Congress believes some Americans are more equal than others. How else could it have passed (by overwhelming margins and over a presidential veto) the 2008 Farm Bill, which amounts to about a $7 billion annual transfer from the pockets of American taxpayers to high-on-the-hog agribusinesses?
To leave no doubt that these “farmers” are the exalted class, Congress included a truly Orwellian set of requirements referred to euphemistically as “Country-of-Origin Labeling” (COOL) for agricultural products like beef, chicken, pork, lamb, vegetables, and fruit.
COOL is justified by its proponents as a means of helping consumers make informed decisions. But COOL is nothing more than a ploy to thrust the marketing costs of U.S. producers on processors, packers, wholesalers and retailers, while stimulating demand for U.S. beef, chicken, pork, vegetables and the like by raising the costs of handling imports. And with the supermarket industry operating at about one to two percent profit margins, there isn’t any doubt about who will be flipping the bill.
A story in today’s Wall Street Journal gets right to the bottom line in its opening paragraph: “Grocery bills, already surging because of higher commodities costs, will almost certainly rise as costs are passed along for implementing a new country-of-origin food-labeling law, the supermarket industry says.”
The Department of Agriculture estimates first year compliance costs for entities in the supply chain to be $2.52 billion. But USDA grossly underestimated the cost of implementing COOL for fish and shellfish in 2005: the actual costs were 6 to 11 times higher than estimates.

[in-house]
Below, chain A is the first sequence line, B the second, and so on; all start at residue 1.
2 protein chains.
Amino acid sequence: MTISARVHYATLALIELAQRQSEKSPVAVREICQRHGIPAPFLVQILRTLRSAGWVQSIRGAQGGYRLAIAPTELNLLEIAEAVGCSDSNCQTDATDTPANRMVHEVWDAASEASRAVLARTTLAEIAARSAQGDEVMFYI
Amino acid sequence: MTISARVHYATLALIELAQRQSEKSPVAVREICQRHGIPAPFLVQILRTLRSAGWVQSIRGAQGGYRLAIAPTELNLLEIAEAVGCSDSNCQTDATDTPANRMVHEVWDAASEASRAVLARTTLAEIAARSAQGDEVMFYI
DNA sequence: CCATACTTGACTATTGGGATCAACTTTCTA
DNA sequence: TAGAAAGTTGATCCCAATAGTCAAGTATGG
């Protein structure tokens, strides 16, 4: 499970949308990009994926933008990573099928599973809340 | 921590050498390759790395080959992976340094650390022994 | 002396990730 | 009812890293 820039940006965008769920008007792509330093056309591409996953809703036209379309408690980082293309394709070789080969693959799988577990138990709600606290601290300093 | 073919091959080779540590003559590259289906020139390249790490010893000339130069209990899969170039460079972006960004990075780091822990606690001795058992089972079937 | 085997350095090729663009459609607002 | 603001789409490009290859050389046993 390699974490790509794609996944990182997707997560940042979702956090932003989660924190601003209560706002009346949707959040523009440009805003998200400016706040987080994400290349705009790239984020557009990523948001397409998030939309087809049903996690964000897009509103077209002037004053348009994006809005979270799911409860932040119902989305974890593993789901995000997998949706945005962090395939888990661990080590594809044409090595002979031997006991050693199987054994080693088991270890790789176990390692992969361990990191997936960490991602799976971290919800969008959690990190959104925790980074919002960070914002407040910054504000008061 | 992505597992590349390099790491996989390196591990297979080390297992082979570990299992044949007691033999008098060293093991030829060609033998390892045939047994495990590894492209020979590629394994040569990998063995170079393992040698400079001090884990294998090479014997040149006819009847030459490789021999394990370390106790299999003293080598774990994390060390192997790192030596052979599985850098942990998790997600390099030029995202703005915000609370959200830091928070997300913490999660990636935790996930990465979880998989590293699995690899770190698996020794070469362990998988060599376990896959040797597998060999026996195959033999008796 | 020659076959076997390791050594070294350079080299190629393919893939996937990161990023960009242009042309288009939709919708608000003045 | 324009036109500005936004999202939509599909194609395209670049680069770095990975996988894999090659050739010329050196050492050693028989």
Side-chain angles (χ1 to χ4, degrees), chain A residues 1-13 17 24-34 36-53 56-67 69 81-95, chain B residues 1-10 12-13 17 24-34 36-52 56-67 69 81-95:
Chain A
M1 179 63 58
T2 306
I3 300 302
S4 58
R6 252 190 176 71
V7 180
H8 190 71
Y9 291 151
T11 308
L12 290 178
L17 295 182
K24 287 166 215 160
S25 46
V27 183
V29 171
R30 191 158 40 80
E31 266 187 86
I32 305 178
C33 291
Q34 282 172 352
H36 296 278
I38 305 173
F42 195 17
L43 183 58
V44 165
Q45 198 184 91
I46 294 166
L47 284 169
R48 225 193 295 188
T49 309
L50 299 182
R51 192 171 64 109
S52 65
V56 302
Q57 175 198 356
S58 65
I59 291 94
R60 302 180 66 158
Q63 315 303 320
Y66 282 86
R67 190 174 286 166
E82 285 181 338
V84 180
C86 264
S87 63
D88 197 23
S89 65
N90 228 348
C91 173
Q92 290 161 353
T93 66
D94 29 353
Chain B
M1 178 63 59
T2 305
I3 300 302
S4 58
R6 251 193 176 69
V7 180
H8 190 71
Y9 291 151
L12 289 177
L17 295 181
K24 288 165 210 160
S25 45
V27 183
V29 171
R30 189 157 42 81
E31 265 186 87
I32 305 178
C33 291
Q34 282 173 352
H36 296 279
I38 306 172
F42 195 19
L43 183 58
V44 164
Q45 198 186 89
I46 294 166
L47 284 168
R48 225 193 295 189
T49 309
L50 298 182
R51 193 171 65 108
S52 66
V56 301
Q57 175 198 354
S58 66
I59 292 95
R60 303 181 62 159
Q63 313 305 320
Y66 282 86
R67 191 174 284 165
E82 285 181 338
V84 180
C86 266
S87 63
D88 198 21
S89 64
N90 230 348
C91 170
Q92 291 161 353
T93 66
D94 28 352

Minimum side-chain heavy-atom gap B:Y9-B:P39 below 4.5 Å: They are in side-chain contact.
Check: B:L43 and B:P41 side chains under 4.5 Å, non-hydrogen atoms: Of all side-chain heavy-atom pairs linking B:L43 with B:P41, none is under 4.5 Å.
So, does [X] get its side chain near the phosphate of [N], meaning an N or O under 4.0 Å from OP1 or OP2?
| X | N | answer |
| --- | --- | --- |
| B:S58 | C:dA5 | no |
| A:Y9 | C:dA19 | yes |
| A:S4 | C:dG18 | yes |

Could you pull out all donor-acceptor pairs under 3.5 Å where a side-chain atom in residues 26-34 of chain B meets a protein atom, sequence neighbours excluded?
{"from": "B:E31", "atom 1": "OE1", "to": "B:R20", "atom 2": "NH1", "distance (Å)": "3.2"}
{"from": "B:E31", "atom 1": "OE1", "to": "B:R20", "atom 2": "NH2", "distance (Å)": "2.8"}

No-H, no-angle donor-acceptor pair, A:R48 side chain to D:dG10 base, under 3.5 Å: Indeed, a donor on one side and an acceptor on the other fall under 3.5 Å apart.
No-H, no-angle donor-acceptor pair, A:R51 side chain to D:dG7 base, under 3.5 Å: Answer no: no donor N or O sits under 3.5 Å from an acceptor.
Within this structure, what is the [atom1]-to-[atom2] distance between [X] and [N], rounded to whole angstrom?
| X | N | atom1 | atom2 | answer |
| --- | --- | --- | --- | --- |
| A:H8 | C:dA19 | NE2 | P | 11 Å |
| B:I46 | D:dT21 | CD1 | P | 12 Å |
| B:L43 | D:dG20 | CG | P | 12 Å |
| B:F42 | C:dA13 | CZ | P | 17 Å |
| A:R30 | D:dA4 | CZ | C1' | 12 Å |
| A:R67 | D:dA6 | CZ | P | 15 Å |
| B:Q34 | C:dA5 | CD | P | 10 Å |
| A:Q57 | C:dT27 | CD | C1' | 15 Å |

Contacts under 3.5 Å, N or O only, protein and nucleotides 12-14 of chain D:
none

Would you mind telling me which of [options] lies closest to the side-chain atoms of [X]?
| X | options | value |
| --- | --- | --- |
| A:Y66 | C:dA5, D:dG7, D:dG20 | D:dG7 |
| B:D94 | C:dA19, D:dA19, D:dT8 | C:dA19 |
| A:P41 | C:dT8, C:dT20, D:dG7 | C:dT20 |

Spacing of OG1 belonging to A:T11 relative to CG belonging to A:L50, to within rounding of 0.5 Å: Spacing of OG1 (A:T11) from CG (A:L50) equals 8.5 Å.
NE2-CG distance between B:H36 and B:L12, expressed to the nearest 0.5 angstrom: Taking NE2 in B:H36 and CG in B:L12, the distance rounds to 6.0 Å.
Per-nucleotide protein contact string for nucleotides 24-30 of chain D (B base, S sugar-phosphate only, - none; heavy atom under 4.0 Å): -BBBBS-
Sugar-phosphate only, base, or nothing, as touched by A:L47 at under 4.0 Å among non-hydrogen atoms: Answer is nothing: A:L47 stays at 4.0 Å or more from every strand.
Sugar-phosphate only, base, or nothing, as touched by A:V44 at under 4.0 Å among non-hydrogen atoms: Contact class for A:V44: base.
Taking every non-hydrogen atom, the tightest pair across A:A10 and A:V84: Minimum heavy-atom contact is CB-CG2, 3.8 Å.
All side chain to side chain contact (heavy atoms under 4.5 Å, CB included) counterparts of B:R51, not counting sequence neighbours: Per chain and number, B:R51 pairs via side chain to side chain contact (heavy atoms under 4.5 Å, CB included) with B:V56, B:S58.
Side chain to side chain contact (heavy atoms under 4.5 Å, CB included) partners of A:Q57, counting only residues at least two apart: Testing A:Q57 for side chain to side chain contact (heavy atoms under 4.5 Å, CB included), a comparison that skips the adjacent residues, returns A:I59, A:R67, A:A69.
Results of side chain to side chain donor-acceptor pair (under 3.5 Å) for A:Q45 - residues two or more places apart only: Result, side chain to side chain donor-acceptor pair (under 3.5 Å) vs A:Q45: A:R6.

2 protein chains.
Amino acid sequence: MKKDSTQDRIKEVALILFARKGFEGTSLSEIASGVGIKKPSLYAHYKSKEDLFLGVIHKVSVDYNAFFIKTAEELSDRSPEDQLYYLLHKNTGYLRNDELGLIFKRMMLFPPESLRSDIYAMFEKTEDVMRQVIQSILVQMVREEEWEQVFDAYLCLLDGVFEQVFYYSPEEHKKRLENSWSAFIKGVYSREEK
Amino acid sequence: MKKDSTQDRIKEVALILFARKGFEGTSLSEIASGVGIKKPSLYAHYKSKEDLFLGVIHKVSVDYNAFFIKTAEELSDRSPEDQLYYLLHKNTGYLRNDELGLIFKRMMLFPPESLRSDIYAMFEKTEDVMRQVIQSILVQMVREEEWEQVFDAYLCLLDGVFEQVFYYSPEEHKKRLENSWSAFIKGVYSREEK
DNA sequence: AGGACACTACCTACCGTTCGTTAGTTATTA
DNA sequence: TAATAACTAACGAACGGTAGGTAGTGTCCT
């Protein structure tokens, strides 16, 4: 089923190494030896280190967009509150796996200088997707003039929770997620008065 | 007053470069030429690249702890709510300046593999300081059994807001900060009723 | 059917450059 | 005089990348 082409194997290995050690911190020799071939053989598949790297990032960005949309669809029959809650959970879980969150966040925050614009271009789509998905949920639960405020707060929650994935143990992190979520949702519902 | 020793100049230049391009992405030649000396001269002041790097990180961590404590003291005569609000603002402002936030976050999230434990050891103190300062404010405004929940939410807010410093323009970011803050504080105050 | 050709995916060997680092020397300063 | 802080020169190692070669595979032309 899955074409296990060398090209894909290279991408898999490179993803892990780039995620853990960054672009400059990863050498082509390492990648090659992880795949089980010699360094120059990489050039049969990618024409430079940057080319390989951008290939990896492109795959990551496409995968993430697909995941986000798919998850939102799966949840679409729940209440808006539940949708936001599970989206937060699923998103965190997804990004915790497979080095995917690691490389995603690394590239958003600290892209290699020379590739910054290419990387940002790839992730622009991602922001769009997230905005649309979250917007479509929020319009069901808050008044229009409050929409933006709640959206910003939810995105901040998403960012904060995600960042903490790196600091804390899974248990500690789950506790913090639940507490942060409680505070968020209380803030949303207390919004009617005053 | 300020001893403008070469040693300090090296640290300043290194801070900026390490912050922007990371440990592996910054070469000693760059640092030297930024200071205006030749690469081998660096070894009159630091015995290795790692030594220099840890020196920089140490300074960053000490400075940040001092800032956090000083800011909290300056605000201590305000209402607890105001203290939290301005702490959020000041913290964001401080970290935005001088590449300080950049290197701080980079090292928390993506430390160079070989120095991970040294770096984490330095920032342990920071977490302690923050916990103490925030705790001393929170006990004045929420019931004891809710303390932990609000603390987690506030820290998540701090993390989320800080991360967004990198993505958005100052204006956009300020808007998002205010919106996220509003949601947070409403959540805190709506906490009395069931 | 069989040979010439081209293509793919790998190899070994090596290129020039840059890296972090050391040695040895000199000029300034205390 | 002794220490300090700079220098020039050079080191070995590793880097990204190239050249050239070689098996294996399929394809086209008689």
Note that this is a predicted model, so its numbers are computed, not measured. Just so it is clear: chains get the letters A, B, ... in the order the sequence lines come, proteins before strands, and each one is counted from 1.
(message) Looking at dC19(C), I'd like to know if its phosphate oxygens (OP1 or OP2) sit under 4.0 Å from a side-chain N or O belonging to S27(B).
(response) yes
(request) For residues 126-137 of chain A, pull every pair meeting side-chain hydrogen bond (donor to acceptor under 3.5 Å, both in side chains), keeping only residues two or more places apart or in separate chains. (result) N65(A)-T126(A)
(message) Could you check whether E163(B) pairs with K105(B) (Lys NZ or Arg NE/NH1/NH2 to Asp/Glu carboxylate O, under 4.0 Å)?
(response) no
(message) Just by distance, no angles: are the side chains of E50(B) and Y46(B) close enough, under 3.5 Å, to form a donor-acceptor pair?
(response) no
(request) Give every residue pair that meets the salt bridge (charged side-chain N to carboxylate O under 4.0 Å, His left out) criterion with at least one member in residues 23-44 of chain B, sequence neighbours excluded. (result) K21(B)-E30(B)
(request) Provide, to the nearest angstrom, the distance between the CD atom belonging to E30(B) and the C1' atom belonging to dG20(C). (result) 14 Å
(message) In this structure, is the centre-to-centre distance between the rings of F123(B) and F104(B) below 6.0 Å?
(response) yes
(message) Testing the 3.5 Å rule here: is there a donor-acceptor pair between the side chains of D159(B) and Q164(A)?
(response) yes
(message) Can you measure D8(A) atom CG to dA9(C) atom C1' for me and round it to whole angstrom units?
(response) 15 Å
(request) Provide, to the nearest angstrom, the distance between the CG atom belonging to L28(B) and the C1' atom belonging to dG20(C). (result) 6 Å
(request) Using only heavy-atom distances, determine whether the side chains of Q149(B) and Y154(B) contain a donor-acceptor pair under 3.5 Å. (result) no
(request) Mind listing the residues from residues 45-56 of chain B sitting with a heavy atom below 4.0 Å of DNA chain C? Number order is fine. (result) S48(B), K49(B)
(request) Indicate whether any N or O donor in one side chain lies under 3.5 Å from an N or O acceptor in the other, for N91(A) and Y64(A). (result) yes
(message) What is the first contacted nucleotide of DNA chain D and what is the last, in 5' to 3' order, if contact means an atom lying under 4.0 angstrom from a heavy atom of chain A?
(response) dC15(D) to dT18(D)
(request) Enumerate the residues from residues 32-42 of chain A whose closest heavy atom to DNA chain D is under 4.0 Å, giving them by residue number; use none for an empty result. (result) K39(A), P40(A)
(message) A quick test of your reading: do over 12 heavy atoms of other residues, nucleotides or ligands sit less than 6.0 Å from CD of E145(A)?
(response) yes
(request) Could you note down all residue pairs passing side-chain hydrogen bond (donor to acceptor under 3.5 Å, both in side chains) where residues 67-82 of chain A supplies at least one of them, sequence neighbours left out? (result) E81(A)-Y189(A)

COOL provisions for agricultural products were originally included in the 2002 Farm Bill, but implementation (for all but fish and shellfish) was stopped by congressional moratorium, as a debate, in which proponents used fears of mad cow disease and other health concerns, raged on. In a 2004 Cato Institute paper on the topic, I wrote
Proponents argue that mandatory COOL is desired by both producers and consumers. A “made-in-the-USA” label, they contend, would help identify U.S. products for consumers who are otherwise unsure and who may be willing to pay a premium to know they are buying American food.
That sounds fair enough. But there’s more to the story. If, in fact, consumers are overwhelmingly in favor of country of origin labeling, then why haven’t domestic producers voluntarily obliged? After all, if there is demand for it, why does there need to be a law mandating it?
Proponents argue that the costs of implementing COOL are small, yet none of them has been willing to implement it voluntarily. Instead, they have been expending considerable time and money to force those requirements further down the supply chain. Processors, wholesalers, and retailers-firms that buy and sell both domestic and imported products-would incur the costs of segregating inventory, keeping records, constructing and maintaining compliance systems, and often physically labeling products. Burdensome compliance costs may induce those firms to limit their sources, in some cases to only domestic suppliers.
Although consumers may be interested in having country of origin information, it is a relatively unimportant determinant of the purchasing decision. If it were important, consumers would be willing to pay higher prices for products labeled with that information, and producers would supply that information voluntarily if the increase in revenues exceeded the increase in the costs of providing it. That such information is not provided voluntarily indicates that any preference for commodities of U.S. origin is marginal.
Mandatory labeling is nothing more than a scheme to pass on what should be the marketing costs of U.S. producers to other firms in the supply chain. It is also intended to drive up the costs and reduce the revenues of businesses that produce, process, distribute, and retail imports.
What was true in 2004 remains true today. Only this time Congress succeeded in doing the bidding of our “more equal” farmers.